The veteran owned data-analytics company is moving beyond this common datum point, using AI and some of the data science tools, to reach a higher plateau of predictive and prescriptive analytics. This journey allows leaders to take and compare existing data sets against a recently completed event. Roan explained “You can start forecasting where those individuals and units are in terms of performance, and even what might happen if they do different type activities.”
Indeed, one Cervus customer, the US Marine Corps, is starting to explore how to use analytics to forecast where its readiness gaps are situated. “On the workforce analytics side, it can be used to see where Marines aren’t ready to deploy and do their job, and they can start to consider training systems to give them a more efficient use of training.”
Another rapidly emerging trend finds military customers starting to aggregate data. Whereas, heretofore, one training system delivers analytics for that specific system, multiple training systems, from different simulation environments, are delivering data in a common format into one repository. One prime example is travel and related cost-avoidance data for exercise participants. Roan noted, the cost data applied to the training data can provide a much more accurate cost for training readout. “And you can apply other data sources – workforce analytics, engineering analytics and others, on top of those – you are combining these and getting an enterprise approach to data. This is a much more holistic use of these data sets, by joining them together,” he added.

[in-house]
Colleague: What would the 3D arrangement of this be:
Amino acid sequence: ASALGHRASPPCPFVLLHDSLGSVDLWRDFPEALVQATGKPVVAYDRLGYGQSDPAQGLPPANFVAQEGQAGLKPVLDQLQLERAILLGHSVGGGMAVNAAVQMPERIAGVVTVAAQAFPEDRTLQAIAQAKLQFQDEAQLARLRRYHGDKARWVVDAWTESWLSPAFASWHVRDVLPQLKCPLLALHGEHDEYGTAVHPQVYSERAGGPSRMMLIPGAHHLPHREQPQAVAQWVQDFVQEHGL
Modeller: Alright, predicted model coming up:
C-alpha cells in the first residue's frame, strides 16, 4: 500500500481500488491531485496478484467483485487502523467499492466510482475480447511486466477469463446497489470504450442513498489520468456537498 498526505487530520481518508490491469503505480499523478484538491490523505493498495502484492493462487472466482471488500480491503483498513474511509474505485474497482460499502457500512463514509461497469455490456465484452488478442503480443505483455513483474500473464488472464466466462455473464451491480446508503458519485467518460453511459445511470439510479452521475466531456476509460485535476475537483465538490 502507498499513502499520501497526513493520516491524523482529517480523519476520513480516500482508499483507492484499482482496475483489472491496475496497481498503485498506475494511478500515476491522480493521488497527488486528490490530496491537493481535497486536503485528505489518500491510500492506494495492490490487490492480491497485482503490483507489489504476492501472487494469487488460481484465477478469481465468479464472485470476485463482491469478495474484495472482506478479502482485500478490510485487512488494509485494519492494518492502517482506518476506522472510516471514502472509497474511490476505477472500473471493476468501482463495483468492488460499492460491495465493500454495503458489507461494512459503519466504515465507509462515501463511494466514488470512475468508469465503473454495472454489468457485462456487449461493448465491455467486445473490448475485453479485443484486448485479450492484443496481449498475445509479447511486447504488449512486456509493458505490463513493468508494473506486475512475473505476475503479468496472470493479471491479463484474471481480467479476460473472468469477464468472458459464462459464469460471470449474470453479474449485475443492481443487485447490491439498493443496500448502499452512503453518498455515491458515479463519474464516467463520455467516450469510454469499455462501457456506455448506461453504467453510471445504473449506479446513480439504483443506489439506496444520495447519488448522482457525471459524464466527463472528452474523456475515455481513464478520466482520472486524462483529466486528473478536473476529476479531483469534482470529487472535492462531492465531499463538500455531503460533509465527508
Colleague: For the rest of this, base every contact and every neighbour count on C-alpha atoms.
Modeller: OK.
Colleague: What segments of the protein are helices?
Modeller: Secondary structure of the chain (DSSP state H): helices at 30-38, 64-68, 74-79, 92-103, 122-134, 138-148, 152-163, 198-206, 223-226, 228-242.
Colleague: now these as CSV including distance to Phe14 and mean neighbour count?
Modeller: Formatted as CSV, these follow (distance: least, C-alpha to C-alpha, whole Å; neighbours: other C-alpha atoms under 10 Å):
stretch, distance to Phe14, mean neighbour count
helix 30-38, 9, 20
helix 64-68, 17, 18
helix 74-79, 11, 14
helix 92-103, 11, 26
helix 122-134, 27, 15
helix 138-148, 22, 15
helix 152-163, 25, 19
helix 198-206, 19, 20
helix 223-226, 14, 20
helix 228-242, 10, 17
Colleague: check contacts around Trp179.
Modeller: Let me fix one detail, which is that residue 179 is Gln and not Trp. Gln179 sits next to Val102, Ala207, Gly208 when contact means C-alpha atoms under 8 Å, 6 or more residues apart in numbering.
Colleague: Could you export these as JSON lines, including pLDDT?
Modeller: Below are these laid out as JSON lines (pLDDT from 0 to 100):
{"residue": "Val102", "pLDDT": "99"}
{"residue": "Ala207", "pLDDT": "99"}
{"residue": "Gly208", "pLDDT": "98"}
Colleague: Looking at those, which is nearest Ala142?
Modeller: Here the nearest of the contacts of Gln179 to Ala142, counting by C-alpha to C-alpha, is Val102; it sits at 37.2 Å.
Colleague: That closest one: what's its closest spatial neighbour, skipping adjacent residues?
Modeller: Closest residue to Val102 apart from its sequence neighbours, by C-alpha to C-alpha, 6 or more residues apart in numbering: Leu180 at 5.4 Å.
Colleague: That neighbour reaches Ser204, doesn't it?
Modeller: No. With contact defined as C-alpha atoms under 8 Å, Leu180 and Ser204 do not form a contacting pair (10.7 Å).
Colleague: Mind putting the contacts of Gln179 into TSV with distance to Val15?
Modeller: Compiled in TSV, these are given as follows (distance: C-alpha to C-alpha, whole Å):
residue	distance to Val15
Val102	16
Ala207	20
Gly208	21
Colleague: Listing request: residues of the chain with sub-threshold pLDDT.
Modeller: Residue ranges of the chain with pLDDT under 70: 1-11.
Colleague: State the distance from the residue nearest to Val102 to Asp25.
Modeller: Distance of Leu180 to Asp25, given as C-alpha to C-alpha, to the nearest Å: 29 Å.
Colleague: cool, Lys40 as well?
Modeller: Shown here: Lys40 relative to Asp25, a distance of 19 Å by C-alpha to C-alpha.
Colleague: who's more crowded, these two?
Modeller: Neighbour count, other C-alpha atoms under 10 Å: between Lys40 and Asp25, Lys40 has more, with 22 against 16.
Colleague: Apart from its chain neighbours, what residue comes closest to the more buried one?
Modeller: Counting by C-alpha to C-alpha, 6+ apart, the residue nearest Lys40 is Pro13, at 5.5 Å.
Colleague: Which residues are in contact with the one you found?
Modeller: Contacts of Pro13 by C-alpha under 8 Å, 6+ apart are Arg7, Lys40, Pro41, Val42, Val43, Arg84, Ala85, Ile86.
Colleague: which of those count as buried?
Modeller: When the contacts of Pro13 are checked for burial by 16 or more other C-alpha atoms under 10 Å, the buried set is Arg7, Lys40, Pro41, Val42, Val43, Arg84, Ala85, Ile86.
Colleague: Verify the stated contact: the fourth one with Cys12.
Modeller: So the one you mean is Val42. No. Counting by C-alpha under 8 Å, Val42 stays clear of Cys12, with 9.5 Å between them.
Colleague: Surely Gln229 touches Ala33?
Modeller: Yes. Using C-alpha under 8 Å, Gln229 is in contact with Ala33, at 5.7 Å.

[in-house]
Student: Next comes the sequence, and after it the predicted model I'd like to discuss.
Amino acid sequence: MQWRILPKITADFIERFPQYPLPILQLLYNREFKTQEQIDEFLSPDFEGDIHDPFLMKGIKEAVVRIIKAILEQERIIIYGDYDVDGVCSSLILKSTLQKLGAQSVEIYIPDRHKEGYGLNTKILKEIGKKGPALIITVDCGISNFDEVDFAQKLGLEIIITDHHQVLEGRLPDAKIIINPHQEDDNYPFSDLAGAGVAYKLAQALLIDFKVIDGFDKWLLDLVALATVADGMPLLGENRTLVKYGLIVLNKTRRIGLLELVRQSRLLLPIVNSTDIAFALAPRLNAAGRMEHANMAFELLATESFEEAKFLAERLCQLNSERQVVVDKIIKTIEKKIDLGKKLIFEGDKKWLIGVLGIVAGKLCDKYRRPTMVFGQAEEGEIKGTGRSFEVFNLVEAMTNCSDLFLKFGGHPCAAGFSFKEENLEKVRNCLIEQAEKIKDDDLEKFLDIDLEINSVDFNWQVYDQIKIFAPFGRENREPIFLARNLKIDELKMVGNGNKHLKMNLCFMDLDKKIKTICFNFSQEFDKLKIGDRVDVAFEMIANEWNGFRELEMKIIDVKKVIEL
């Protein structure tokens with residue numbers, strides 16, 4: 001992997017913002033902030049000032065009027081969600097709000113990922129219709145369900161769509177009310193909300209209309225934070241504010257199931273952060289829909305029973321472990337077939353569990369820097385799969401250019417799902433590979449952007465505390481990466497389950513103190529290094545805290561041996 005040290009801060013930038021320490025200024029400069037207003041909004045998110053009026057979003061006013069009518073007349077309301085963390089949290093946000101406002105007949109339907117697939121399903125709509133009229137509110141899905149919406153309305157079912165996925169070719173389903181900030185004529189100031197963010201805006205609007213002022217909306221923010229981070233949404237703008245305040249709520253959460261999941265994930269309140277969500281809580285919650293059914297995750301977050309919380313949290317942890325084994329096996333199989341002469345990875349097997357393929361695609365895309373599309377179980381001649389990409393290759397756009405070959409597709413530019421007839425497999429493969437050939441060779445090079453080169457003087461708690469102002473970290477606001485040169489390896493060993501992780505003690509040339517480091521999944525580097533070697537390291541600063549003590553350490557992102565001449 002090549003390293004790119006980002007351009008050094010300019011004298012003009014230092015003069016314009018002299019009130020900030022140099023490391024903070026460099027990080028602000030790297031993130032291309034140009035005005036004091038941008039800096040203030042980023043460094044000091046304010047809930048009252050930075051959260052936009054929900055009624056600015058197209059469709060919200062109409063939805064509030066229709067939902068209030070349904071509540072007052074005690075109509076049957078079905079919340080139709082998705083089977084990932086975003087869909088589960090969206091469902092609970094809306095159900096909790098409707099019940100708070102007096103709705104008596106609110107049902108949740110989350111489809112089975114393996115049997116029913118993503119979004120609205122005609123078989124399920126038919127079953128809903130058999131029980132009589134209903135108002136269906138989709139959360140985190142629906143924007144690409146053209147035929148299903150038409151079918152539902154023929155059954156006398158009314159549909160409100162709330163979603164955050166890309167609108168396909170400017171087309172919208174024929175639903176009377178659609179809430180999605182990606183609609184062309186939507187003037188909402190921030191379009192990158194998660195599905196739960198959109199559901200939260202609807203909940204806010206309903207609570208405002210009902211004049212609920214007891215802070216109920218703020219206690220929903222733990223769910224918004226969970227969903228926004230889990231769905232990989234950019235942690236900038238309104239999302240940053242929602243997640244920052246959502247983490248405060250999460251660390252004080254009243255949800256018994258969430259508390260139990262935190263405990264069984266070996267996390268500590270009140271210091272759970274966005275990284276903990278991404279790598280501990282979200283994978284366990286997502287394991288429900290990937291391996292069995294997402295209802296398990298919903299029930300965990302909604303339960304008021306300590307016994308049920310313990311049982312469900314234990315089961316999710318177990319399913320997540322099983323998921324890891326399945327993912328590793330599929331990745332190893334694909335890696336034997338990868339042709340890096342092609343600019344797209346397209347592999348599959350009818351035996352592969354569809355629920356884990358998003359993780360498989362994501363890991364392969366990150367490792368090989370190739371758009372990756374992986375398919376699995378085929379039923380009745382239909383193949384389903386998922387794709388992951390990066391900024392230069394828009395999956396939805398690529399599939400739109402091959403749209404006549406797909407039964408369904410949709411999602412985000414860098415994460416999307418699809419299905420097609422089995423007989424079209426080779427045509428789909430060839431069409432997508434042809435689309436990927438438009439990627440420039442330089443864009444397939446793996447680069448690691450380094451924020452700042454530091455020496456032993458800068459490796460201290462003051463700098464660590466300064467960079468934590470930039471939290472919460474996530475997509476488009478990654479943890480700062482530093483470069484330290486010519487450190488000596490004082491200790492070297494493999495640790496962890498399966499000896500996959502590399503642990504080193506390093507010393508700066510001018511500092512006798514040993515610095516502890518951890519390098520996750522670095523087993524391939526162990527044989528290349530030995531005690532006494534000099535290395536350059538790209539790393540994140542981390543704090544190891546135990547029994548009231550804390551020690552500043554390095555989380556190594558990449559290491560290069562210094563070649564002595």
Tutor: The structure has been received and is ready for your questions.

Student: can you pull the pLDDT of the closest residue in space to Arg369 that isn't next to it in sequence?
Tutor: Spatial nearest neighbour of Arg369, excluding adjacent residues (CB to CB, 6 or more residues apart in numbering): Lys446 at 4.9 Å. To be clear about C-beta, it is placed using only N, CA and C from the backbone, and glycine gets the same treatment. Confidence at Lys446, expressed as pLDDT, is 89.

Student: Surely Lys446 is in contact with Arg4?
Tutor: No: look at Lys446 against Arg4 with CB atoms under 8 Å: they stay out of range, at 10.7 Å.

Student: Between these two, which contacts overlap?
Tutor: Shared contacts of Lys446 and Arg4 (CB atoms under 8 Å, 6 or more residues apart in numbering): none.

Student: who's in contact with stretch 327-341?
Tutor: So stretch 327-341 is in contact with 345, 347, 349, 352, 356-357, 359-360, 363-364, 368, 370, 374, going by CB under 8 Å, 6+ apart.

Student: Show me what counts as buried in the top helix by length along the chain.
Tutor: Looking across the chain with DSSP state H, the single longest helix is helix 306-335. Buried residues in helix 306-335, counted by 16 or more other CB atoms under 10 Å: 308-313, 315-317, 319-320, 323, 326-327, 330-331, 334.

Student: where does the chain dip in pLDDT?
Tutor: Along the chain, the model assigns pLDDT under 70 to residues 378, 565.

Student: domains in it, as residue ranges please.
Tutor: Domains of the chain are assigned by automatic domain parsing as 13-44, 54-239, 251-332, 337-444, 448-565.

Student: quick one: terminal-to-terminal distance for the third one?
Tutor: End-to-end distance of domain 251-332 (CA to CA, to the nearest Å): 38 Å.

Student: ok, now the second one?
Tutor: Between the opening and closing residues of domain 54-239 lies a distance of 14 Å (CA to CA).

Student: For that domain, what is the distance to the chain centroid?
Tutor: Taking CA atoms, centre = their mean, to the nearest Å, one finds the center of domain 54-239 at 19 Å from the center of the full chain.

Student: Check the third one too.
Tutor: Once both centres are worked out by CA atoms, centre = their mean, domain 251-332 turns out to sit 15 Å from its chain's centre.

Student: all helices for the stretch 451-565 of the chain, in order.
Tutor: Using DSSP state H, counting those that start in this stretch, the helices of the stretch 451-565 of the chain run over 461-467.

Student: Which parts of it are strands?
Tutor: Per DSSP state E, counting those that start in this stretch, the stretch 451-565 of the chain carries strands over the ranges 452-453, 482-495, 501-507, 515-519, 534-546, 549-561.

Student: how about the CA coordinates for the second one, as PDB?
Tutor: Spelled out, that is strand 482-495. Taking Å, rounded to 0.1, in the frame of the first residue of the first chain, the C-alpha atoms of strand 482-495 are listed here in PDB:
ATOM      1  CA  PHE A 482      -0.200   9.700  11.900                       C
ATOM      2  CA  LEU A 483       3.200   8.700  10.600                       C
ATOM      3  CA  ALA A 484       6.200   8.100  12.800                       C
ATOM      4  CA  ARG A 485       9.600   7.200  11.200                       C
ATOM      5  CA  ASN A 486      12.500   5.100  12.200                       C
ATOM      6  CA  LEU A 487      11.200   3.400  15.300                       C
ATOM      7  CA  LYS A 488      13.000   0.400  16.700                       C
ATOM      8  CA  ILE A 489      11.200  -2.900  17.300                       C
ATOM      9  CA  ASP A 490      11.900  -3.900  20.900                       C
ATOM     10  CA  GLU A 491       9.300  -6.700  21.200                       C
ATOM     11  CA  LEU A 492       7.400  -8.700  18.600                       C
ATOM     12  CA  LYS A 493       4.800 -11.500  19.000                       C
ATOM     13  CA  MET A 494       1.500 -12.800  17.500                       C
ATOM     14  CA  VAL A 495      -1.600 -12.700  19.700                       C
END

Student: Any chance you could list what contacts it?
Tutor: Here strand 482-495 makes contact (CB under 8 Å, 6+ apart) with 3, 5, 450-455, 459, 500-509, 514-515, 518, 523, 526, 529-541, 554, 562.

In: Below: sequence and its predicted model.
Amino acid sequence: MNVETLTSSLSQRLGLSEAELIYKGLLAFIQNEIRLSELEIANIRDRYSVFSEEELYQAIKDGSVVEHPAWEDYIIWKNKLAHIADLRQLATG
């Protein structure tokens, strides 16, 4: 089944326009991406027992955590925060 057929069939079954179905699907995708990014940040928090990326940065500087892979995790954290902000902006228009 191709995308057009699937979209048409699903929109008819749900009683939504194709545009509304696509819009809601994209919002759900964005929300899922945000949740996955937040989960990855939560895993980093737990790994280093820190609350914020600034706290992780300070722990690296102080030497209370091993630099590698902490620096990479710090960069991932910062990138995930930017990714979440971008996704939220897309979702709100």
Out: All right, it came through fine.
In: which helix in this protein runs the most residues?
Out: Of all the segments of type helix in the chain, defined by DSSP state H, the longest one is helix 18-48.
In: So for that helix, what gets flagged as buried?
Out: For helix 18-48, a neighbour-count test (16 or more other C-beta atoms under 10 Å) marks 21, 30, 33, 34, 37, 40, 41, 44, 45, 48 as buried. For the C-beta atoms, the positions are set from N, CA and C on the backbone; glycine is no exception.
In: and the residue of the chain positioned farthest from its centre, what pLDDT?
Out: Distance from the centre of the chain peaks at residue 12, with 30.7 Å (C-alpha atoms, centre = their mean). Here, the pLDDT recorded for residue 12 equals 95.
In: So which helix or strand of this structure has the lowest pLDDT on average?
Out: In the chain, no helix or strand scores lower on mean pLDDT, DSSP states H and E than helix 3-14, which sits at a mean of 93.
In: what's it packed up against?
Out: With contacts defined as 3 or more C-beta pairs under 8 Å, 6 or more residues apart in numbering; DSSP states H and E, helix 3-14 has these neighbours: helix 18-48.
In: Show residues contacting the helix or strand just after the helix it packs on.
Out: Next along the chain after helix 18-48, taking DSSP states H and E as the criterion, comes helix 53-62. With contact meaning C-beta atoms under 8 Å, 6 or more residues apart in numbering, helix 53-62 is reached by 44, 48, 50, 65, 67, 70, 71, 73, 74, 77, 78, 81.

A third emerging defense department requirement trend moves beyond traditional military performance, toward performance for individuals, teams and tasks. “These are often psychological measures,” Roan observed, and noted that the UK military, in particular, has a sharpening focus in some of its training programs in team performance, relationship measurements, how to make teams perform better on specific tasks, and other focal points.
Analytics and Data Storage as a Service
Driven by military end users’ persistent demand, the pace of community-wide practices and requirements, and their enabling technologies, will continue to evolve in the next 24 or so months.
At the top of Cervus’s Roan’s list of evolutionary trends was continued aggregation, whereby more training data sets will be connected to other sources of data. Outcomes from this effort will allow training organizations to measure mission stress and physical loading during a training event. “But this will go much further than that – toward the ‘internet of things’ as military systems become more connected. And when you are doing training or are in operations, we’re going to capture all of this data and we will need to figure out formats by which we can extract, align and store it so we can start doing analysis against it.”
Other concurrent technology enablers to bring Roan’s vision to reality will include increased, remote computing power, quantum computing and cloud-based approaches to allow storage, analyze and process data. Roan concluded, “These will lead to a change in the market – a disruption – reducing costs a lot and giving increased access to smaller companies so they can start putting and building their applications on these cloud-based systems. Things will also go to more of a service model, with analytics, storage or other capabilities as a service.”